A lawsuit filed by a Berkeley neighborhood group over UC Berkeley’s controversial Memorial Stadium expansion project has been settled out of court.
The lawsuit, originally filed by the City of Berkeley, the Panoramic Hill Association and the California Oak Foundation in fall of 2006 against the University of California, challenged the seven projects included in the Southeast Campus Integrated Projects.
Although the City of Berkeley, which was concerned about a massive parking garage proposed in the Integrated Projects, dropped out of the lawsuit mid-way after receiving a set of assurances to its concerns from the university in July 2008, Panoramic Hill Association and the California Oak Foundation battled on.
But on Tuesday, Michael Kelly, president of the Panoramic Hill Association, said his organization had reached an agreement with the university “that involves the use of the stadium in the future.”
Kelly said that as mandated in the agreement, both PHA and UC Berkeley were working on a joint statement which would be released over the next couple of days.
“There were a lot of different issues in the lawsuit involving impacts on the neighborhood, impacts on the city,” Kelly said. “We will address everything in the statement.”
UC Berkeley also declined to make any comments as of Tuesday.
“The settlement was just completed and we are currently working with PHA on a joint statement that will detail the provisions and impacts of the agreement,” said university spokesperson Dan Mogulof.
According to an email sent to the lawyers of the California Oak Foundation by PHA’s attorney Michael R. Lozeau, the settlement agreement does not alter the existing Superior Court judgment regarding the Memorial Stadium project or the foundation’s pending appeal.
However, the email says that the lawsuit “does resolve PHA’s pending [attorney] fee claim, and includes conditions regarding future events, stadium operations, an emergency vehicle on Panoramic Hill, complaint system, noise analyses, and various procedural interactions between PHA and the university.”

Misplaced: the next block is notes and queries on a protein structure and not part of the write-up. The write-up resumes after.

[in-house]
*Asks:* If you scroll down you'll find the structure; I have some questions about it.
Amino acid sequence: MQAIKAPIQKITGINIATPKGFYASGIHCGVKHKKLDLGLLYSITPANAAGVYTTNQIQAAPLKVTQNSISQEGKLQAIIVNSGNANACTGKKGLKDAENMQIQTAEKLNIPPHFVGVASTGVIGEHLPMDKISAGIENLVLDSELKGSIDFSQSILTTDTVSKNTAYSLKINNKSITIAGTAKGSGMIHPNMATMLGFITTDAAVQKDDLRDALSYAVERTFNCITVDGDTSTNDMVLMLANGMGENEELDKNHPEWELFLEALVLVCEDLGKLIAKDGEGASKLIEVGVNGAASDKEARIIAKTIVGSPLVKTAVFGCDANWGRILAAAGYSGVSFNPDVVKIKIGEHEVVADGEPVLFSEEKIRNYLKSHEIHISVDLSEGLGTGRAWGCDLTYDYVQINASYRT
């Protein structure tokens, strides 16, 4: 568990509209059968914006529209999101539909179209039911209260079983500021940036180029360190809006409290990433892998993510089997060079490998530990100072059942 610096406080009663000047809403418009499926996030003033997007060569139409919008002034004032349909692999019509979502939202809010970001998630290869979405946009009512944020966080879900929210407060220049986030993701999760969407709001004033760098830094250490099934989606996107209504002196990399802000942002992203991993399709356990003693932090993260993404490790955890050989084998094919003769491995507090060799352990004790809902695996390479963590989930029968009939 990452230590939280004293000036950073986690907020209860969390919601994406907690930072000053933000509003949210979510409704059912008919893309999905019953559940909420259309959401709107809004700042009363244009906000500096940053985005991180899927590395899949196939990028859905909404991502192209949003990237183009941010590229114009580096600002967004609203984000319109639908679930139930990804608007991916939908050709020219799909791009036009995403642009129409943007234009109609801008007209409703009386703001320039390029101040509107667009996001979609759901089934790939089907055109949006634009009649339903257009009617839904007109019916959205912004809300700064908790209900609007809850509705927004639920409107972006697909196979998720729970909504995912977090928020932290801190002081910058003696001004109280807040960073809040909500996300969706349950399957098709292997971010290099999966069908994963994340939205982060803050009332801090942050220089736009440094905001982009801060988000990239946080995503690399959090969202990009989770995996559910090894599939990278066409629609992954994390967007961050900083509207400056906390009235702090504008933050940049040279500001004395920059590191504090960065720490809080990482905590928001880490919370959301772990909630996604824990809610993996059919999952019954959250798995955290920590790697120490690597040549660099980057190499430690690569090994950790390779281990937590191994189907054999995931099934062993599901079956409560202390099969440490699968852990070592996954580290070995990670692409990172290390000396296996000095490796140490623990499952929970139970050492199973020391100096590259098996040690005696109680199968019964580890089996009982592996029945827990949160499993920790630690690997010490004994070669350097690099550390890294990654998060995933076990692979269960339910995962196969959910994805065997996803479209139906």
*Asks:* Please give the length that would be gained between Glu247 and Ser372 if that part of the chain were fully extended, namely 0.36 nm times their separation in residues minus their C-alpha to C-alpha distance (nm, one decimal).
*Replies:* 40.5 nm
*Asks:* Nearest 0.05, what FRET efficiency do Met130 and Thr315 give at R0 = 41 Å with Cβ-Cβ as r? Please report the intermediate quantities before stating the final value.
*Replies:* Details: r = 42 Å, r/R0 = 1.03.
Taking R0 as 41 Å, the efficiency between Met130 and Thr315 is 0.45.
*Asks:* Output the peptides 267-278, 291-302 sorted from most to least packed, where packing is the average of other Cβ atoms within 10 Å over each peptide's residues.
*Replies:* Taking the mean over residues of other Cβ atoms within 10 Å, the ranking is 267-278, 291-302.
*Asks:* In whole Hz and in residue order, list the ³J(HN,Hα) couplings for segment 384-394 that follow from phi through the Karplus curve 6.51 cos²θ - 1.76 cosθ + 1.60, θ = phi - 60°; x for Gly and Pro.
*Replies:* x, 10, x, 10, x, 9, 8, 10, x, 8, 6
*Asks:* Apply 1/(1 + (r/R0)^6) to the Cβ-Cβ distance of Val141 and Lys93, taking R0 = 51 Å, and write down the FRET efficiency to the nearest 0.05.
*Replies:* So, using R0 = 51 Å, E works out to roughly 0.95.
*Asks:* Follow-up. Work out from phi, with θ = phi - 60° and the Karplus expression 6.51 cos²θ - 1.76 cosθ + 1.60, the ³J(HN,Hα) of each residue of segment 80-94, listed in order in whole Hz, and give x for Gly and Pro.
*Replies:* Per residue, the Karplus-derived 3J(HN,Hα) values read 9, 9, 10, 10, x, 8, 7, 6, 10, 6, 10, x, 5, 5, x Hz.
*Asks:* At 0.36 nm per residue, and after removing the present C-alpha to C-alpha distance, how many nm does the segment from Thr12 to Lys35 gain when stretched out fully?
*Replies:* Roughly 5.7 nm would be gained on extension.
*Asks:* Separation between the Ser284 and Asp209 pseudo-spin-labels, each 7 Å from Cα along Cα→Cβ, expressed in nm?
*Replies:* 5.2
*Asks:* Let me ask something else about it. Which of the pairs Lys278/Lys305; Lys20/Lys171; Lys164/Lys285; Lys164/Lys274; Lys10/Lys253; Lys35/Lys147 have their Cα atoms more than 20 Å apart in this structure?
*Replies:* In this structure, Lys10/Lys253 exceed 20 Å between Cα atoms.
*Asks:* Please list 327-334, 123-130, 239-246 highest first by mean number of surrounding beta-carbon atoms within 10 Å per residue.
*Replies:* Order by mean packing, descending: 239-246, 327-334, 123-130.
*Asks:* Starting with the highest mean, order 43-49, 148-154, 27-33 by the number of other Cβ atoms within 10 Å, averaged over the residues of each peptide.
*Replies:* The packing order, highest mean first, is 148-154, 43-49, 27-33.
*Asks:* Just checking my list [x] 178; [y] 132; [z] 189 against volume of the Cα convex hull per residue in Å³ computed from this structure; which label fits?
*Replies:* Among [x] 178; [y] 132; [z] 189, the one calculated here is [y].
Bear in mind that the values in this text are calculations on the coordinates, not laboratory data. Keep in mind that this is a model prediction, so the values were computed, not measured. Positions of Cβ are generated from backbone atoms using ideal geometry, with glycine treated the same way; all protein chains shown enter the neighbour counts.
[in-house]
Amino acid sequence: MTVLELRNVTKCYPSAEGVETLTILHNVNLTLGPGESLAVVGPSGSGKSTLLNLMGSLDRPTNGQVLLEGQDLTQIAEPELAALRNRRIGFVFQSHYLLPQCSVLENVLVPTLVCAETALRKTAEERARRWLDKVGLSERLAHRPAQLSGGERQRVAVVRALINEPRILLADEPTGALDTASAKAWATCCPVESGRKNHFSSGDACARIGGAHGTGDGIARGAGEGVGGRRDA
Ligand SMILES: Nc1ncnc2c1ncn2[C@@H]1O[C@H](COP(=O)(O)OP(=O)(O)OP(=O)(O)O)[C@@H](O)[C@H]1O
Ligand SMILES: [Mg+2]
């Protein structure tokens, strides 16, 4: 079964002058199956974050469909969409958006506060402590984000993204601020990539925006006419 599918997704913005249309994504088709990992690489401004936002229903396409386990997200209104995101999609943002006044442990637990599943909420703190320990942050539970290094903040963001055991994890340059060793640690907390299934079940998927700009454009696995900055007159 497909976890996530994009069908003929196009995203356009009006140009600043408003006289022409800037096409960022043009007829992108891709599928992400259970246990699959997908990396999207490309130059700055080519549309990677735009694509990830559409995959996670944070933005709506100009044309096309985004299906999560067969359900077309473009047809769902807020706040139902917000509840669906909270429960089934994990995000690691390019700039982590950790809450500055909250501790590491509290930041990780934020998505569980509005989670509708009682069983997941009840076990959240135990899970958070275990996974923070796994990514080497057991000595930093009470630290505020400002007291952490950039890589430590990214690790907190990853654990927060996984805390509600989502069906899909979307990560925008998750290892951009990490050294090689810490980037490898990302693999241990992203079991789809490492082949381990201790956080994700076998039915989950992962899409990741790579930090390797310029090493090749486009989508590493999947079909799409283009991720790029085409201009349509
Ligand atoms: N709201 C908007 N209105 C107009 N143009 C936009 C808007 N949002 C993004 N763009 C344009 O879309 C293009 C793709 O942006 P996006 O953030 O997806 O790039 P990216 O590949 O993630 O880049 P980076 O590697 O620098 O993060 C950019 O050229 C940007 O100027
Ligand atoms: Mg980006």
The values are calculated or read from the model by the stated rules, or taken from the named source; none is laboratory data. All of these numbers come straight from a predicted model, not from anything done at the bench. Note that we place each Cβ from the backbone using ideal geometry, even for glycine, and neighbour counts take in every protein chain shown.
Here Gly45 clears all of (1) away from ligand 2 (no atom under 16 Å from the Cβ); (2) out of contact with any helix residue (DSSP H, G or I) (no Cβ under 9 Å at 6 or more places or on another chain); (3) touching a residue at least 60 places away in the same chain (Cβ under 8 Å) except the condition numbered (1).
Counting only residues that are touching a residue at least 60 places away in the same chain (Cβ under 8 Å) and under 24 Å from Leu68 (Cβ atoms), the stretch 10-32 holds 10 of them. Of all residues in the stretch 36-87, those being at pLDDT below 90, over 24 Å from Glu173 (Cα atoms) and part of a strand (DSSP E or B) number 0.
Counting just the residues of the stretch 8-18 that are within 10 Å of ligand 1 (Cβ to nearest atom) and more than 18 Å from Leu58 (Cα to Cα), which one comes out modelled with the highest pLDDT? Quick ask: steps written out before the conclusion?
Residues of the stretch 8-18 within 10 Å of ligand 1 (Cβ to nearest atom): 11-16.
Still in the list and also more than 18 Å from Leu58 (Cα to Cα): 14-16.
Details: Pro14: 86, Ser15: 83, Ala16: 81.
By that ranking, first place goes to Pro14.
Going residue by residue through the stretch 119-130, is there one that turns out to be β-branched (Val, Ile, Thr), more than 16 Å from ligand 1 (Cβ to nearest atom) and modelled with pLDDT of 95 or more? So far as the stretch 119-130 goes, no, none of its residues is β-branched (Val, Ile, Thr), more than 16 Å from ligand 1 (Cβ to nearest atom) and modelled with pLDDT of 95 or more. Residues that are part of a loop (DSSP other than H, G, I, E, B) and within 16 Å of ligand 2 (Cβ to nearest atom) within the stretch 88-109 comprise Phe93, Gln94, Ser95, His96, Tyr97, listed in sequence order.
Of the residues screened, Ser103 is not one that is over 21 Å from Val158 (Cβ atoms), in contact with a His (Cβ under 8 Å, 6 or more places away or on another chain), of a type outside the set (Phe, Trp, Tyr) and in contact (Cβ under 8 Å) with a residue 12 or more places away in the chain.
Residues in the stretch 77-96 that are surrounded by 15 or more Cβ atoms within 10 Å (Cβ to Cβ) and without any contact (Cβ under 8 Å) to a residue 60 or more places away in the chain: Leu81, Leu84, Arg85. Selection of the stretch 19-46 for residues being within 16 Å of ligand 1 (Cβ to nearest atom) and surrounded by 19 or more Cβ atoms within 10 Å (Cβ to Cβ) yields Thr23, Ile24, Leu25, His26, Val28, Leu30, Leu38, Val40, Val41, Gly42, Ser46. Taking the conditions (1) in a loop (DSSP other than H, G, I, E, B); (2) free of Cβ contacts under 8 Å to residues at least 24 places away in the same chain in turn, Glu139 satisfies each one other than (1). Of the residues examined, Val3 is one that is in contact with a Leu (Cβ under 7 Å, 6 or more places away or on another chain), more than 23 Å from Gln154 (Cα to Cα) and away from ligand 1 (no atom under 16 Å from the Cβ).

Kelly said provisions such as no amplified music concerts or NFL events at Memorial Stadium had already been specified in the project’s environmental report.
According to the settlement agreement, UC Berkeley has agreed to pay PHA’s attorney’s fees amounting to $75,000. Both parties have also agreed to waive claims of certain other costs.
Steven Volker, the attorney representing the California Oak Foundation, sent a letter to Lozeau and the university’s lawyer Charles Olson saying that he objected to one of the settlement’s provisions which he felt might detract from any subsequent ruling in the continuing appeal.
Volker asked both attorneys to confirm that the settlement “has no effect on California Oaks’ separate lawsuit and appeal in the California Appellate Court.”
“... If California Oaks’ legal challenges are sustained in whole or in part by that court or by the California Supreme Court, then such judicial resolution of those challenges will constitute the ‘final judicial determination’ of the validity of these projects and approvals,” not the agreement signed by the university and the Panoramic Hill Association, Volker’s letter said.
The lawyers for the parties to the recent settlement assured Volker in an e-mail that the agreement would have no effect on the California Oak Foundation’s case and the pending appeal.
Meanwhile, Stand UP for Berkeley! (SUBF!) and the Council of Neighborhood Associations (CNA)—comprised of Berkeley residents and Panoramic Hill neighbors—filed a new lawsuit in February challenging what they said were a list of substantial changes to the stadium construction project released by the university in December.
They also objected to an “addendum” to the Environmental Impact Report, which they contend can only be approved when the changes proposed don’t have any significant environmental impact.
“We sued saying that these changes clearly do have significant impact,” said Nigel Guest, a Panoramic Hill resident who is on the steering committee for Stand UP for Berkeley!
Guest said that the university was proposing to completely remodel Witter Field in Strawberry Canyon which is an environmentally sensitive area.
It is also planning to lower the playing field by two feet for better views from certain stadium seats which would involve “a very large earth moving exercise," he said.